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ET CETERA : Rhetorical Flowers Brighten Speech

March 31, 1994|STEVE TICE

When belligerent bus driver Ralph Kramden snarls "Why, I oughta . . . !" he has something in common with celebrated speakers from Aristotle to Abraham Lincoln to Barbara Jordan.

He is using a rhetorical figure known as aposiopesis, a Greek term meaning "to be silent."

Kramden breaks off his sentence, compelling the listener to supply the conclusion. He has decided he cannot, should not, or need not complete the thought.

The orators of ancient Greece identified and studied more than 30 figures of speech. These "flowers of rhetoric," used as artistic flourishes in speeches and prose, add vividness and can create a strong impression.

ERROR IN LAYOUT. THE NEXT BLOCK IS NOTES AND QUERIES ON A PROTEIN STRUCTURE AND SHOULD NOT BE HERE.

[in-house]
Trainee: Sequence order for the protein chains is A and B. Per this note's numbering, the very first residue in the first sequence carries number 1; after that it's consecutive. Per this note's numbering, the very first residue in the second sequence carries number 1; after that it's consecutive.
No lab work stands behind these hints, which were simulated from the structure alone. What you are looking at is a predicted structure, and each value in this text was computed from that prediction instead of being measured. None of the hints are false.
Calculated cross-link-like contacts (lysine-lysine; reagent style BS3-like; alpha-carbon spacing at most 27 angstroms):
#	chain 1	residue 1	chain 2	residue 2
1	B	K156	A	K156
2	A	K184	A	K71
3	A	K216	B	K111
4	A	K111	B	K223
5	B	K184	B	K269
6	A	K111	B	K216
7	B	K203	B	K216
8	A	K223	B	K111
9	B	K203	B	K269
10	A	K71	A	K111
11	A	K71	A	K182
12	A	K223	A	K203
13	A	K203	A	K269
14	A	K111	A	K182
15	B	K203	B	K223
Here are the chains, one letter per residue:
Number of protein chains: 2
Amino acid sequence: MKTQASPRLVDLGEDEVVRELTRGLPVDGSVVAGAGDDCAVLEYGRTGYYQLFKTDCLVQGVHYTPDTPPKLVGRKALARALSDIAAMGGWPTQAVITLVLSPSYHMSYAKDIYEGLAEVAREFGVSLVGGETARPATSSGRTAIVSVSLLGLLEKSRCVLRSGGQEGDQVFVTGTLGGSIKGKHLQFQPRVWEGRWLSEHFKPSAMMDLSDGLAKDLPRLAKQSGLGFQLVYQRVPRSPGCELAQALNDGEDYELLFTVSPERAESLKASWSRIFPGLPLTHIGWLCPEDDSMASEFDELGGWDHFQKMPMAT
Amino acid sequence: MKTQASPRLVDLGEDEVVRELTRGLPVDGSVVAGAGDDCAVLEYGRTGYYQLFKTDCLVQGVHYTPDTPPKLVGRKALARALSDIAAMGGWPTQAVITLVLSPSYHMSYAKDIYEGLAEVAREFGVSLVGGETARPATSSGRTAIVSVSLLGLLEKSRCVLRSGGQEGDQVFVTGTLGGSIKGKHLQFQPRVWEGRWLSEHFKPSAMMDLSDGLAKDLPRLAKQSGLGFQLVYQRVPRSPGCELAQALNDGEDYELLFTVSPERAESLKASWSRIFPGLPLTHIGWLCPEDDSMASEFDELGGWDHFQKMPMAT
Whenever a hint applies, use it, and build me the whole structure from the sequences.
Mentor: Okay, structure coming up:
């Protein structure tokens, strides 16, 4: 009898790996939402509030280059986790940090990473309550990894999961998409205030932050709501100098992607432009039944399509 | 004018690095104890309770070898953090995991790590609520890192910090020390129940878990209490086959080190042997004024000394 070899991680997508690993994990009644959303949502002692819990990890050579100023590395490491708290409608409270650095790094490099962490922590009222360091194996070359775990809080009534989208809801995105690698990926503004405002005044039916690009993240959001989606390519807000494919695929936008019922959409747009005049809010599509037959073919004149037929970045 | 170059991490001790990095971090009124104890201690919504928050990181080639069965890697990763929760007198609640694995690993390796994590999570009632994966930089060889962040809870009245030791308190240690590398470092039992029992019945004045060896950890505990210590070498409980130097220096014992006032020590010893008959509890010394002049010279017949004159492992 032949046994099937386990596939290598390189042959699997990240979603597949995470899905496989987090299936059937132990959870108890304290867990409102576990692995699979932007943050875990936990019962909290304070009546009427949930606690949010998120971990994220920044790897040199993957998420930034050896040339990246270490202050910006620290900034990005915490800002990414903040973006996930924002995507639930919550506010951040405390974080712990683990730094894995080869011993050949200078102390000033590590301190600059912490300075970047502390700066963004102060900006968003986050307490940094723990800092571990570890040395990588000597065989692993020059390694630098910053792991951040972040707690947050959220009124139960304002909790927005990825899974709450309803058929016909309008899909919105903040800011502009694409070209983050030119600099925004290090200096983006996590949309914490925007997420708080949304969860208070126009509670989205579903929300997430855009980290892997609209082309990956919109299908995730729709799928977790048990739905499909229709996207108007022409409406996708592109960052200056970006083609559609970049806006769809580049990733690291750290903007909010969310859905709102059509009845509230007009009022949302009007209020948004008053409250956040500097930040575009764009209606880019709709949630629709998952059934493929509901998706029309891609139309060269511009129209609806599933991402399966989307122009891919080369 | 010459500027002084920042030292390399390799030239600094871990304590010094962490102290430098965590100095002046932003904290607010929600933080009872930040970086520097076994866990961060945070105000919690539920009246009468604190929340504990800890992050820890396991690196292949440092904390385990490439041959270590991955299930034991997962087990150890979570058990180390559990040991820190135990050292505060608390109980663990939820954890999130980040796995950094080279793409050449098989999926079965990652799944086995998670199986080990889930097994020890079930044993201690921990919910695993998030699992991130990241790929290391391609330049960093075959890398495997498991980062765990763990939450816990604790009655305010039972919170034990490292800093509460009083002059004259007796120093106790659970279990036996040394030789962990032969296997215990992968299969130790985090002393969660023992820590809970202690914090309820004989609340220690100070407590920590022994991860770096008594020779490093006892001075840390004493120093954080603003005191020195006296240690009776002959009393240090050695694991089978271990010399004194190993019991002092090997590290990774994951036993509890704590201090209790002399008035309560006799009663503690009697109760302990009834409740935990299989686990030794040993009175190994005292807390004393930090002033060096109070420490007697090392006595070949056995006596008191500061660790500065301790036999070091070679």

When John F. Kennedy said, "Ask not what your country can do for you; ask what you can do for your country," he used antithesis , the choice and arrangement of words to emphasize a contrast.

In a message sent to the Roman senate after a battlefield victory, Julius Caesar wrote, "I came, I saw, I conquered." This device is anaphora , repetition of a word or phrase for effect.

Some other techniques:

* Litotes, or use of understatement;

* Hypercorisma, or use of diminutives, endearments and "pet names";

* Paronomasia, or punning;

* And suppressio veri , or suppressing the truth--often represented by the phrase "no comment."

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